May 2016 Issue - page 11

May 2016
Page 11
By Marcella Peyre-Ferry
Horses were literally running
with the wind, and against it,
at the Brandywine Hills Point
to Point Races, Sunday, April
3. Heavy winds kept spectator
numbers lighter than usual for the
74th running of the races at the
Myrick Conservation Center in
West Chester, PA, but there was
still good racing to be seen by
those who braved the cold.
The featured Open Timber
Race for the Henry C. Baldwin
Challenge Trophy was the high-
light of the afternoon with a field
of five horses going to the start.
Sarah Shaffer rode Donald Reu-
wer Jr.’s Grand Manan to the win
for trainer William Meister in the
fastest time of the day at 5:44.
Shaffer gave Grand Manan
his first start over timber last
year, and won the Heavyweight
race at Brandywine Hills with
him, but an injury kept her out for
the rest of the season. “It’s nice
to be back in the saddle with him
today,” she said.
Grand Manan was on the
lead for most of the race, some-
times at a distance from the pack.
“There was the plan to let him
go in the front. That’s where he’s
happiest. He was very fresh, very
happy today and I just let him
be who he is and didn’t fight it,”
Shaffer said. “I just let him be
comfortable and relax. It’s better
to do that than to fight them. He
doesn’t like to be told what to do.
He’s the type, you just leave him
be and he’ll pick his own spots.”
Ladies Race
In the Ladies Race for the
Betty Baldwin Meister Memorial
Trophy, Leffingwell Lion set the
pace early on, but chipped in at a
fence causing a fall. From there,
Erika Taylor on Sumo Power took
over and stayed on top to the wire.
“He was lovely,” Taylor said.
“When I came down the bottom
side, I just wanted to keep up. I
let him find his stride and he did
Sarah Shaffer and Heroic Royal (left) fought off a challenge by Fritz
Boniface and Dewey Blue (center) to win the Heavyweight Race. The
third starter, Any Key, ridden by Alex Leventhal, fell at the last fence.
Brandywine Hills Point to Point Races
Sumo Power, owned by
Charles Noell and Blythe Miller
Davies, trained by Joseph Davies,
was Taylor’s first timber mount.
She won on him in the amateur
race at the Grand National last year.
“I love the horse. I had a great time
on him last spring, so it’s great to
be on him again this year.”
The trainer also likes the com-
bination. “She and this horse have
together gotten better and better
each time, here beating two good
horses behind her,” Davies said.
Heavyweight Race
The Joseph T Murtagh
Memorial Heavyweight Race had
three starters. Alex Leventhal and
Any Key were trailing the well-
grouped trio when they fell at the
last fence leaving Sarah Shaffer
on Heroic Royal to fight off a
challenge by Fritz Boniface on
Dewey Blue.
Heroic Royal, owned by
Armata Stables and trained by
Katherine Neilson, made his
debut over timber a week earlier
at Cheshire. “He ran pretty well
there, so we decided to run him
back here. He carried a little more
weight today. I put him in behind
to gain a little confidence, but
he wanted to run on. He’s very
brave,” Shaffer said. “It was very
tight. We had an early run over
the last two fences. Fritz was
putting the pressure on us and I
just kept him into it. The horse
wanted to stay in. He got both the
fences in perfect stride, it helped
out for the win.”
Neilson also trained the win-
ner of the Novice Race, Nancy
Reed’s homebred Handsome
Hoyt with jockey Gerard Galli-
gan. “He’s an easy horse. He’s
been foxhunting all winter (with
Cheshire). It’s made him a very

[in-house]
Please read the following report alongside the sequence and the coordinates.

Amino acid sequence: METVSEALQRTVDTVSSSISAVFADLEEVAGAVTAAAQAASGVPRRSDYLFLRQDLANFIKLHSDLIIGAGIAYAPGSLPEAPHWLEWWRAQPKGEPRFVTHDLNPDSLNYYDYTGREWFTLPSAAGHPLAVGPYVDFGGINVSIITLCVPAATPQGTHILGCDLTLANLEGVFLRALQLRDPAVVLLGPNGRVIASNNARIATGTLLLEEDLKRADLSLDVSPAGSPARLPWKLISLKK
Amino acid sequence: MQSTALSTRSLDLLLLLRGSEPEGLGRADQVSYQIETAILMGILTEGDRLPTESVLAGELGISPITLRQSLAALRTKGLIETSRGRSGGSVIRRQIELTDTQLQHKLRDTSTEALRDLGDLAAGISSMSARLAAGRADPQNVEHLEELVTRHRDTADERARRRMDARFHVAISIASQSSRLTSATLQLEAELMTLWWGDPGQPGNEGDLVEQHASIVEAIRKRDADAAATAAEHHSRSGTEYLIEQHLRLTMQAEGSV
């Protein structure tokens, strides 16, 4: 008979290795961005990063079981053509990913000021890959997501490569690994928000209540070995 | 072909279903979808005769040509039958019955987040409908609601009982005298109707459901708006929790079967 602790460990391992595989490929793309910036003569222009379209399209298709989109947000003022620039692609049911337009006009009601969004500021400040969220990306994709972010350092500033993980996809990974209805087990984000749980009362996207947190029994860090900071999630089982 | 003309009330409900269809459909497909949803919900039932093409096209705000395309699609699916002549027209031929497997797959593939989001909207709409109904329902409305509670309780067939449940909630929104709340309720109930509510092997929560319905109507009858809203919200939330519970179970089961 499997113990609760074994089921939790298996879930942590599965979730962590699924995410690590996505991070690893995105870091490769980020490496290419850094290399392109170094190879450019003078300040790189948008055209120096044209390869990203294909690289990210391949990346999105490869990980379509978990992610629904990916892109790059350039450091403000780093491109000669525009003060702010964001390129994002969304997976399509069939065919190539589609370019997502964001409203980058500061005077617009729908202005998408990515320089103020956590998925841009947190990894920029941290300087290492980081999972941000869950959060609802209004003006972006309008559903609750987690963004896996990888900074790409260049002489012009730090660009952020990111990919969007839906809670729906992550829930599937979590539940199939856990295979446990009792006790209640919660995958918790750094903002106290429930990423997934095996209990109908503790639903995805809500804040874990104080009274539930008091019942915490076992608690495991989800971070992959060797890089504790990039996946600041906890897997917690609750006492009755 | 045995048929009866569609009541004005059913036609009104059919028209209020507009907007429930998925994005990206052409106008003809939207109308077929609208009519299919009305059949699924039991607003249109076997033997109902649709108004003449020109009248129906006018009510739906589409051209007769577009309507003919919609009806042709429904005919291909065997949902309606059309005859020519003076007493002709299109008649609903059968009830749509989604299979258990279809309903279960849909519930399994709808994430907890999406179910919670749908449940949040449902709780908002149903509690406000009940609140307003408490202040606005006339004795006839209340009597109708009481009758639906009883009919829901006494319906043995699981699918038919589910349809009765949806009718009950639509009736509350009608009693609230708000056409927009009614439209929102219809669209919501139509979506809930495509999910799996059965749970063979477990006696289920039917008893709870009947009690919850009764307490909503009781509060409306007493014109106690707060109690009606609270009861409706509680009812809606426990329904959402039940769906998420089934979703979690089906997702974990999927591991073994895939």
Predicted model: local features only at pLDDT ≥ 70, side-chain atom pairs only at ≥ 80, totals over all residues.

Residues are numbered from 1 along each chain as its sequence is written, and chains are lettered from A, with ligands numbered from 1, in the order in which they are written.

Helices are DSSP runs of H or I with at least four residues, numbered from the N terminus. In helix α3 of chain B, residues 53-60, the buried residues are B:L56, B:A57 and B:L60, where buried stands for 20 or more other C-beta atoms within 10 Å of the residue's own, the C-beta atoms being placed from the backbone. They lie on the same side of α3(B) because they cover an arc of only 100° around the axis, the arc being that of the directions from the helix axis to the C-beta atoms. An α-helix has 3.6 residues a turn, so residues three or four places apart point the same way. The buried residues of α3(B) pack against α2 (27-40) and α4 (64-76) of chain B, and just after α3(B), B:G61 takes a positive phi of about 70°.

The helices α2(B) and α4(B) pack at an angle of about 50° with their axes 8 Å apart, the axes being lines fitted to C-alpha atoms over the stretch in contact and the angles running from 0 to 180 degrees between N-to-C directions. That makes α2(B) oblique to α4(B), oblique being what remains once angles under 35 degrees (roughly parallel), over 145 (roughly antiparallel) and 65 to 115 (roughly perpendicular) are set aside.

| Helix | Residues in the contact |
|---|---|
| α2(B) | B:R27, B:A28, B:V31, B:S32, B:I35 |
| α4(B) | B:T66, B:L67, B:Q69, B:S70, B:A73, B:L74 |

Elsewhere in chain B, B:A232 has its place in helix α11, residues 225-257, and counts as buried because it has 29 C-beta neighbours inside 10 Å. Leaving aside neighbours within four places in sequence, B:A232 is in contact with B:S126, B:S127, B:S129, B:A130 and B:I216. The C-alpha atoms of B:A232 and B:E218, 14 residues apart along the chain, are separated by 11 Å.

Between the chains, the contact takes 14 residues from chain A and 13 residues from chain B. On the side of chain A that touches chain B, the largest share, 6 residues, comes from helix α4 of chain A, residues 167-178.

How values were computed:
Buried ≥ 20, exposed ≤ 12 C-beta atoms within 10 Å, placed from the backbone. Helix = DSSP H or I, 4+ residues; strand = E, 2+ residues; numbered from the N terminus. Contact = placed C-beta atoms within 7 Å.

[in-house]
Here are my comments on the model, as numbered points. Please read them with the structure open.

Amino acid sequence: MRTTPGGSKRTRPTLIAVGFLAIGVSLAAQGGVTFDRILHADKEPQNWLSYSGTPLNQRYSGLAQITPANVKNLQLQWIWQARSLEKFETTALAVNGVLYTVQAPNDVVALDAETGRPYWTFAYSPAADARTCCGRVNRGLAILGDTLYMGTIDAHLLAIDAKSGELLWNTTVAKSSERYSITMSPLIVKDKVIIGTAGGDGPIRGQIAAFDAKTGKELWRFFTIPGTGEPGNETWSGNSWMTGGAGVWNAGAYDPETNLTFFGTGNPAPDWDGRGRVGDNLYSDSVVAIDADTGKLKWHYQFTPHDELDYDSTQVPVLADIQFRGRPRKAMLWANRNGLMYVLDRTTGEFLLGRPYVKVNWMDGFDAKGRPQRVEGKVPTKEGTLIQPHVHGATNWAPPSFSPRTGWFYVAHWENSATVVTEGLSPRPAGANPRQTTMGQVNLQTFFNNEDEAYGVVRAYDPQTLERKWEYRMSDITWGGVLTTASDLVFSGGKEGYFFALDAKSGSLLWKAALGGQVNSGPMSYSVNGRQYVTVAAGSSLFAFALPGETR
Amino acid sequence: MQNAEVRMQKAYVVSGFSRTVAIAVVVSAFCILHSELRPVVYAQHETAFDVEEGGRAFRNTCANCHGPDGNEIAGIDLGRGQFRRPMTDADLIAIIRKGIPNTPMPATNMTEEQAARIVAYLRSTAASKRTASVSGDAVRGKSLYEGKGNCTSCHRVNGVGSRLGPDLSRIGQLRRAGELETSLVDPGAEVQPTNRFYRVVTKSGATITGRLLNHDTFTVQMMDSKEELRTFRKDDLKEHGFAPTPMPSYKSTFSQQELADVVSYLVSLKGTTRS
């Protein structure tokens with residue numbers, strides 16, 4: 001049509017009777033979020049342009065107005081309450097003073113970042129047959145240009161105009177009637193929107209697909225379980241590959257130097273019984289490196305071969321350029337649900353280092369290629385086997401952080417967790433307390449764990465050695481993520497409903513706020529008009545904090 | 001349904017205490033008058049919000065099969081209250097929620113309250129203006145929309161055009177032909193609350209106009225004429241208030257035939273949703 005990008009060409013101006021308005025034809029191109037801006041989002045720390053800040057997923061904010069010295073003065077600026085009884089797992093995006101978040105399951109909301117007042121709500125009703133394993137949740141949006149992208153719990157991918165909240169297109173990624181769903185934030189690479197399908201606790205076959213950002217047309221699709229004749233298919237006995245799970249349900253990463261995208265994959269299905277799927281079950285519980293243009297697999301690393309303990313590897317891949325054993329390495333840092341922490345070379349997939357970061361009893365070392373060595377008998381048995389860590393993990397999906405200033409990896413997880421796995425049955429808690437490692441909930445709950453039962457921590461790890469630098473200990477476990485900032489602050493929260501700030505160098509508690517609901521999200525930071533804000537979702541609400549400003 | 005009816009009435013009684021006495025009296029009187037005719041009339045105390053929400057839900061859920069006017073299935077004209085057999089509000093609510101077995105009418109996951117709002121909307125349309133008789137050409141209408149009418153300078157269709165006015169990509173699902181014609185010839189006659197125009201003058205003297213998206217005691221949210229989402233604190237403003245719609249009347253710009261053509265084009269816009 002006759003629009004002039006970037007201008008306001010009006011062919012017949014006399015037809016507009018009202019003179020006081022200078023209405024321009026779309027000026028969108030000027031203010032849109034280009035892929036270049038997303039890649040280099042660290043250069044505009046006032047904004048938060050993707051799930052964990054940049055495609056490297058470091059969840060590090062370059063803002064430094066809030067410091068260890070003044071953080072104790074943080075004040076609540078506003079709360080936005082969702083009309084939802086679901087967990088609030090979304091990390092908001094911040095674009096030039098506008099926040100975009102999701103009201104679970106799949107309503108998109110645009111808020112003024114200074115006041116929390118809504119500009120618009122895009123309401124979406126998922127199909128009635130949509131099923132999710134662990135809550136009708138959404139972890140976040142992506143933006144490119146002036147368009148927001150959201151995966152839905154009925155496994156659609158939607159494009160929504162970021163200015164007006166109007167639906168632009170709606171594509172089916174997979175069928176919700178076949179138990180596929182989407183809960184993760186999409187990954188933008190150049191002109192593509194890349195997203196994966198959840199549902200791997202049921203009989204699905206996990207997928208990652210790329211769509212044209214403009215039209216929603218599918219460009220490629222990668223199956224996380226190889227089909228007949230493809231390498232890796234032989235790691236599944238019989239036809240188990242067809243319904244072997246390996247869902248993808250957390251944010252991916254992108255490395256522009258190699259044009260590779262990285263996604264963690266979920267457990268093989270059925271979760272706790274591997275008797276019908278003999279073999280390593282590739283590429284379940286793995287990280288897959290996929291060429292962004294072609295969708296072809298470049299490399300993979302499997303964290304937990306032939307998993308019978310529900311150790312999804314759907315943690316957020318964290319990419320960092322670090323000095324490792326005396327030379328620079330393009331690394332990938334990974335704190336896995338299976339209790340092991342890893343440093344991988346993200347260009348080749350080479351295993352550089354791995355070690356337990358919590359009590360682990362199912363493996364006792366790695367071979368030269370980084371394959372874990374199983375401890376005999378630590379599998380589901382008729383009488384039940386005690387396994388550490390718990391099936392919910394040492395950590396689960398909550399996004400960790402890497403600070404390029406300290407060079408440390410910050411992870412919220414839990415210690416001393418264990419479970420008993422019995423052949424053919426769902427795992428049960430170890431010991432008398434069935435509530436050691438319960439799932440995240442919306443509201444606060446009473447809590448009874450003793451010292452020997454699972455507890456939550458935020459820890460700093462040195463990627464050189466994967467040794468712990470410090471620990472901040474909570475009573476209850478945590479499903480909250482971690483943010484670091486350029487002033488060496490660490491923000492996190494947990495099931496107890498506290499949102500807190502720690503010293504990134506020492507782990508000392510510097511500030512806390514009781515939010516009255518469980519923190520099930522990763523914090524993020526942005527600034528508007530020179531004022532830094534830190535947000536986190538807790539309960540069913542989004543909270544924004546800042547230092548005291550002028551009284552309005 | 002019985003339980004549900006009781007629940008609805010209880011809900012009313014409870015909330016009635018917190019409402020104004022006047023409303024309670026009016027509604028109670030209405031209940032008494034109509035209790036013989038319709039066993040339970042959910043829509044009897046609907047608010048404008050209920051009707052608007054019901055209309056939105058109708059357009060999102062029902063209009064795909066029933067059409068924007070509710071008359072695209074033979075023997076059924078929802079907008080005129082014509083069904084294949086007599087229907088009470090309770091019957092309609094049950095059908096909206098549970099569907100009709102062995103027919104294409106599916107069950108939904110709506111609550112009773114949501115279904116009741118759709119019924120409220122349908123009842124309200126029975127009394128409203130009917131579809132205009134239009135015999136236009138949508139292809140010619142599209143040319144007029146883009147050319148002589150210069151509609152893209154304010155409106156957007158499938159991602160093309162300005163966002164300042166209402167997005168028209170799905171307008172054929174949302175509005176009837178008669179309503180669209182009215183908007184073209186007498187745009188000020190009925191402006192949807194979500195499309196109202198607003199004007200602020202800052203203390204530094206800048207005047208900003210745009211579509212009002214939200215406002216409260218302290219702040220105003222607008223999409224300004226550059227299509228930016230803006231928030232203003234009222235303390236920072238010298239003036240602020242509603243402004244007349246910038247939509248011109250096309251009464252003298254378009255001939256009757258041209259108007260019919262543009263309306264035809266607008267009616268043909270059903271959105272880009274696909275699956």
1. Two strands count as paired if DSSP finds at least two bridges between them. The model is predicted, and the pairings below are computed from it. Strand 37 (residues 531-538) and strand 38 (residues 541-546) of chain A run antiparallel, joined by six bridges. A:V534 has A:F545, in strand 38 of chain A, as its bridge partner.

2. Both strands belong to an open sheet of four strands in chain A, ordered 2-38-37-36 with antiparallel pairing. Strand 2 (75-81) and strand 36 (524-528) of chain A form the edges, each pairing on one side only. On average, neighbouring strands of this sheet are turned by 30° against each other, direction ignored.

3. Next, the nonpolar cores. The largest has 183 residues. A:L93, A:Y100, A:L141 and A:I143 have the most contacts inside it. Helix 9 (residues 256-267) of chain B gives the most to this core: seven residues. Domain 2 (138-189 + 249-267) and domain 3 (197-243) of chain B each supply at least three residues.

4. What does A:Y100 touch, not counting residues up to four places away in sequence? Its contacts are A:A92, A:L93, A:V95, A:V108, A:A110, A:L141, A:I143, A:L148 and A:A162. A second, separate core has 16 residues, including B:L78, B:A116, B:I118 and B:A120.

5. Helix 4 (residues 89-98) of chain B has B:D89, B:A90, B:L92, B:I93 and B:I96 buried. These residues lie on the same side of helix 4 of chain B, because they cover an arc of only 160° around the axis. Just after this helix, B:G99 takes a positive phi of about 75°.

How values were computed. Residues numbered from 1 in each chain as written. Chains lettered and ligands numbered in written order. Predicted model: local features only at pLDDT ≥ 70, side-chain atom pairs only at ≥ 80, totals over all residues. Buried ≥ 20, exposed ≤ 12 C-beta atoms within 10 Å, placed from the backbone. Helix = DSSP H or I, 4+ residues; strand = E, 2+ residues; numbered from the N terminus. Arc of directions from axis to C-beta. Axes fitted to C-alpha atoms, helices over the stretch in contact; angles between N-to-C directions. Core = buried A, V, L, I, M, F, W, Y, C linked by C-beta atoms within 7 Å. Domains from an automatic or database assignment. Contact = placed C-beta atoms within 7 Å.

happy horse,” Reed said.
There was just one entry for
the Foxhunter’s Timber race, so
Lauren Schock rode her mare
McCrady’s with the Novice Race.
“Going with the older ones,
it was great to watch them go on.
We just wanted to have a nice
safe ride because she's so green,”
Schock said, adding that she hunts
the mare four days a week with
River Hills. “She has a great heart,
a lot of power - it’s always a nice
safe ride. She really tries for me.”
At the last fence McCrady’s
banged her knee on the fence
throwing Schock off balance for a
few strides before she recovered,
avoiding a fall. “I’ll be damned
if I come off on the finish line in
front of all these people,” Schock
Pony Races
Pony races are always popu-
lar at Brandywine Hills. The win-
ners of the Small, Medium, and
Large Pony races all ran and won
a week earlier at the Cheshire
Point to Point races on Easter
Sunday. Teddy Davies on Hoof
Hearted (small); Nina McKen-
na on Fionna (medium); and
Anna Farber on Mookie Monster
(large) all added points for a
second win toward the Delaware
Valley Point to Point Association
Series Awards.
One race that is distinctive to
Brandywine Hills is the Leadline
Race for very young riders. This
year’s winner was four-year-old
William Slater, son of jockey
James Slater.
Proceeds from the Point to
Point races go to the Brandywine
Red Clay Alliance (formerly the
Brandywine Valley Association)
for education and conservation
On the spectators’ side of the
rail, a tailgate spot by the finish
line, normally taken by the late Les
Haines McNemar, was reserved in
his honor, with memorabilia from
his years as a race horse owner and
trainer. The former president of the
Professional Horsemen’s Associa-
tion passed away last December at
the age of 87.
Brandywine Hills is the
second of three races in the Del-
aware Valley Point to Point As-
sociation Series, which finishes
with the Fair Hill Point to Point
April 17.
Grand Moran led the featured Open Timber race at Brandywine
Hills for most of the race. Jockey Sarah Shaffer gave the horse his
first start over timber last year, but then was sidelined the rest of the
season with an injury.
Photos by Marcella Peyre-Ferry
Sumo Power (right), ridden by Erika Taylor, won the Ladies Race after
the pacesetter, Leffingwell Lion, had a fall. Sumo Power is owned by
Charles Noell and Blythe Miller Davies and trained by Joseph Davies.
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